Black Breath - Slaves Beyond Death
Hi, everyone. Before I start this review, I should introduce myself – my name is Mark, and I'm the "Spotify playlist guy" for the METALHEADS Podcast, for whatever that's worth. I am very grateful to George, Buke and Jay for even mentioning the playlists on the podcast, let alone asking me if I wanted to write a review on the website. I started making these playlists just to keep track of what I heard on the show, and then it became a fixation to make sure I cataloged everything, so I didn't miss a single shred of the metal euphoria. The podcast allowed me to combine two of my favorite things - metal and anal-retentiveness – and the ability to share that with others is a lot of fun. There are now spreadsheets involved; is there anything more metal than spreadsheets?
Cheers to George, Buke, and Jay for opening our eyes and ears to a whole new world of metal. This is my first album review, which is not necessarily something you want to hear ("this is my first time performing brain surgery," "this is my first time flying an airplane") but the beauty of this podcast in particular and metal, in general, is that it draws together people with a shared enthusiasm and if nothing else, this review was written with enthusiasm.
In writing this review, I was forced to think about what I want from a metal album, or rather, what characteristics of a band or album make my ears truly take notice. I came up with some basics: riffs, loud, heavy, fast, and stirring, but then I realized that sometimes what I want most is a little punishment. Black Breath's Slaves Beyond Death unflinchingly provides that punishment in abundance. Slaves Beyond Death, the Seattle quintet's third album, is an absolute monster combining death metal, thrash, and hardcore into one searing package that I haven't been able to turn off since my first listen. Sidenote: after A Flourishing Scourge's excellent appearance on the podcast, a METALHEADS field trip to Seattle may be in order. I'll check flights.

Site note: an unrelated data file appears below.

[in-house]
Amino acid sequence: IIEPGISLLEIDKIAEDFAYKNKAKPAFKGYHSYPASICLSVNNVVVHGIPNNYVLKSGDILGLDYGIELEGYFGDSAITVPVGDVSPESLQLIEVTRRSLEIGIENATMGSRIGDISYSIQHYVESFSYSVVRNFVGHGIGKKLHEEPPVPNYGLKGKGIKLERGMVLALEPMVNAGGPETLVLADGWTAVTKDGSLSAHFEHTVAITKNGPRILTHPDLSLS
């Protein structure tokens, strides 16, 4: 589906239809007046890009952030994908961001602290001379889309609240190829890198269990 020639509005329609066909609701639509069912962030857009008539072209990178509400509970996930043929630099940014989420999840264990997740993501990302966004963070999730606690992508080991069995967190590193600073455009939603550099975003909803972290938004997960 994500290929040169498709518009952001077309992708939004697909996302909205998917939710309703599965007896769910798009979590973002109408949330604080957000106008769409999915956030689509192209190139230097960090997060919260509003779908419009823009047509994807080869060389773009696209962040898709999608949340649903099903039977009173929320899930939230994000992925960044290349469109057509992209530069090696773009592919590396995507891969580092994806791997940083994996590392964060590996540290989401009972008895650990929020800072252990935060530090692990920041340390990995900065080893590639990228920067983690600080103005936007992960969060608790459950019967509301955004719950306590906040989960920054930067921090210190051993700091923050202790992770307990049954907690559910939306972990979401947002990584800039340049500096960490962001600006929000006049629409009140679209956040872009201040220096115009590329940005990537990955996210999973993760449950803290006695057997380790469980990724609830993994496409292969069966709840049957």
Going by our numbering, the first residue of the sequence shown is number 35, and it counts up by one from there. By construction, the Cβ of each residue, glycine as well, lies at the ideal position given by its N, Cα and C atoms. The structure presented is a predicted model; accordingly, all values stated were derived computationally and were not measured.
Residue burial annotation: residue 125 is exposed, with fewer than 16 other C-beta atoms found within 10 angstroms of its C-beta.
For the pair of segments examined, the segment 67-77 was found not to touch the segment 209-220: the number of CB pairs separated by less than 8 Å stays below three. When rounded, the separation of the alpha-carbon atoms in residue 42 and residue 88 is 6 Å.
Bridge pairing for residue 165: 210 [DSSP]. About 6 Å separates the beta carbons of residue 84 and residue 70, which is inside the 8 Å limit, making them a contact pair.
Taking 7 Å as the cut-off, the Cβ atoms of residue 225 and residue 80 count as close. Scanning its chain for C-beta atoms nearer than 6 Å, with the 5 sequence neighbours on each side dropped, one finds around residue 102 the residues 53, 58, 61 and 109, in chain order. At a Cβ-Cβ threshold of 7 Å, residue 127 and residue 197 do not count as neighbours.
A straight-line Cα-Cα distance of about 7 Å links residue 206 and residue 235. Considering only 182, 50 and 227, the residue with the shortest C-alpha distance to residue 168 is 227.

Hardly a coincidence, the theme of the album is not just punishment, but a perpetual punishment lasting into the afterlife. While I'd prefer to avoid an infinite life of mining brimstone to fuel the tanks of Satan's army, if this is the soundtrack playing while I do it, I might be able to get into it.
The opening track, "Pleasure, Pain, Disease", sets the tone with a massive riff and pounding drums that accompany us through the rest of the album's 49 minutes. Only leaving off to make room for some sincerely excellent guitar solos; the most notable of which is the album's closing, eight-minute, totally on-theme, instrumental track, "Chains of the Afterlife", which brings a sublime, stunning end to a killer album. My personal favorite track is the crushing "Reaping Flesh", which epitomizes everything I enjoy about this album: chainsaw-grinding-on-a-live-wire guitars, intelligible but grisly, growled vocals, steady drum march, tempo changes, and crisp guitar solos – five minutes and twenty seconds of pure metal spectacle. The lyric "I live in the shadows/Beyond the city of light/Each time, you close your eyes/I am lurking" speaks for the album as a whole.
I had the privilege of discovering Black Breath's discography all at once after hearing Slaves Beyond Death, and it sounds as though they have been building up to this album since 2010's Heavy Breathing, which, while excellent, featured a more thrashy, straightforward hardcore sound. 2012's Sentenced to Life is a next logical step that adds more death elements, but Slaves Beyond Death is the true masterstroke.
In the research I did, and the other reviews I read to prepare for this review, I encountered nearly every word in the metal thesaurus – gruesome, brutal, sick, evil, burnt, grotesque, pummeled, gnarly, morbid, bleak, punishing, tribulation, and merciless – and every single one of them apply. Black Breath have created an awesome album worthy of everyone's attention.
Black Breath is on tour (with Decapitated & Theories) now through February with the final stop at Café 611 in Frederick, MD. Cancel that field trip to Seattle!